So for me to continue my recovery, I need to really take care of my body and I can’t very well do that, if my doctor won’t give me my numbers. this is one of the things that I think keeps TBI and concussion survivors really heal from their injuries. There is the assumption that we are unable to think clearly or the cognitive we capable. I experience that with the physiatrist who I was seeing very briefly several months ago. As soon as they found out about my history of mild TBI eyes, they started treating me like a child and they acted like I needed to be spoken to very very slowly. Granted, I had told them on my intake form that when I’m tired I sometimes don’t get things the first time, but the whole way that they approached it, I found very dismissive and also not very enlightened.

This is one of the things that makes it so difficult to do a thorough TBI recovery in short order. I am convinced that if doctors could more fully understand and appreciate our situation if they really understood as people what we are experiencing with TBI, it would make it at least a little easier for them to treat us more effectively, and also improve their practice of medicine. I don’t think that any doctor really wants to run around and do harm to people – well, I suppose some do, but those are extreme exceptions to the case – and I would think that any kind of insight or additional learning that would help them better understand what people go through when they experience a traumatic brain injury, would be welcome within their community. However, it seems that they are much more interested in maintaining their status as experts in the world of medicine, then providing the best care possible in ways that their patients actually need it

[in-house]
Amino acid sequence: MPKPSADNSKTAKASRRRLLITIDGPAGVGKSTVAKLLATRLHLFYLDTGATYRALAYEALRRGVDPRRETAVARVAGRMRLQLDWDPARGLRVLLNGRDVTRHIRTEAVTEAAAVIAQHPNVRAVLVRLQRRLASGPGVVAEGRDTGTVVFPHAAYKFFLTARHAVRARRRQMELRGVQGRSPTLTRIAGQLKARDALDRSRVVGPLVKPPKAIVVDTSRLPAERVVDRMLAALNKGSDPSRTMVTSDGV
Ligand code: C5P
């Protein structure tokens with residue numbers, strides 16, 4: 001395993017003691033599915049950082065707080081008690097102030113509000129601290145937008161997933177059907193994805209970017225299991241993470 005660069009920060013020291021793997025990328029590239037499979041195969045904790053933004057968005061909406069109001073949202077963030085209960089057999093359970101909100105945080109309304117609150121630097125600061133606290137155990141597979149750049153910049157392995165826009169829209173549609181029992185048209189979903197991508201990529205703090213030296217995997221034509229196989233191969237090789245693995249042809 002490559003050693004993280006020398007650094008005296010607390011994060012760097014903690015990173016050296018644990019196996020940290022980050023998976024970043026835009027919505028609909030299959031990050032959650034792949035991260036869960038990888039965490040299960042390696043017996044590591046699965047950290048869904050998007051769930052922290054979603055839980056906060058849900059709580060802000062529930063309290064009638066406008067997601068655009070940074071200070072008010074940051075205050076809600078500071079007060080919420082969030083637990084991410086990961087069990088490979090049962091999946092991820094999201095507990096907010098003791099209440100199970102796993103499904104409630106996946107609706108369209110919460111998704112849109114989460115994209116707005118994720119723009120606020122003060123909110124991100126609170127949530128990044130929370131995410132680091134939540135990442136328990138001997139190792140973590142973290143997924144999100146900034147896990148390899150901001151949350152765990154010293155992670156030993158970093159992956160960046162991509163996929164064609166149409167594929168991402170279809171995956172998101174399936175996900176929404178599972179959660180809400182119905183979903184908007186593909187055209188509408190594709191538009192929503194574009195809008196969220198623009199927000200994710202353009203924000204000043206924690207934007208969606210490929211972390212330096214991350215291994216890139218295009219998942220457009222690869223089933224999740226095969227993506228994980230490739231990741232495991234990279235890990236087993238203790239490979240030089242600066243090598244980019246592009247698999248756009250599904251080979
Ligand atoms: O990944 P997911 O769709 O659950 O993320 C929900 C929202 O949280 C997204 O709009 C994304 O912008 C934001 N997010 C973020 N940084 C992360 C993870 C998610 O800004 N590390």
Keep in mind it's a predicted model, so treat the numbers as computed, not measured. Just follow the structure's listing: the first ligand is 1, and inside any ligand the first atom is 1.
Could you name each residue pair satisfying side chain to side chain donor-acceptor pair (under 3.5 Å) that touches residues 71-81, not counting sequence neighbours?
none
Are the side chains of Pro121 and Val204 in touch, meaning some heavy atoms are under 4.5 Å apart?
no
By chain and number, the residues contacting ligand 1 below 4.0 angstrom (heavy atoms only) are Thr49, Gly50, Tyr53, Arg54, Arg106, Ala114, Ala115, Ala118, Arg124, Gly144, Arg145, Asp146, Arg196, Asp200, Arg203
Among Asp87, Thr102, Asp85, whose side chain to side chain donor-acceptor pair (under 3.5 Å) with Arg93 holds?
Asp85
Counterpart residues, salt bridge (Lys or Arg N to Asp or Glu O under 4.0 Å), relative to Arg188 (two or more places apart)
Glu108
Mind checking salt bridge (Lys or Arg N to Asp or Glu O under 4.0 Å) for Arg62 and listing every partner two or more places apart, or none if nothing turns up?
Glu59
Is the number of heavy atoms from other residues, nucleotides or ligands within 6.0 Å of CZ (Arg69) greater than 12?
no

I know that I am raging against the machine, and there is only so much that can be expected considering all of the generations of tradition that has been baked into this whole way of practicing medicine, but I think it’s still worth considering.

The other thing is, even though I might get medical care that doesn’t really seem to suit me that well, and is more infuriating than it is helpful, this is not the end of the story. I am NOT 100% dependent on doctors for my health care. I am fairly self sufficient in terms of seeking out information about my condition as well as being proactive in taking care of myself. I do a fair amount of reading and research in nutrition healthy living exercise and the latest research that shows us how our bodies work and how we can work better with them.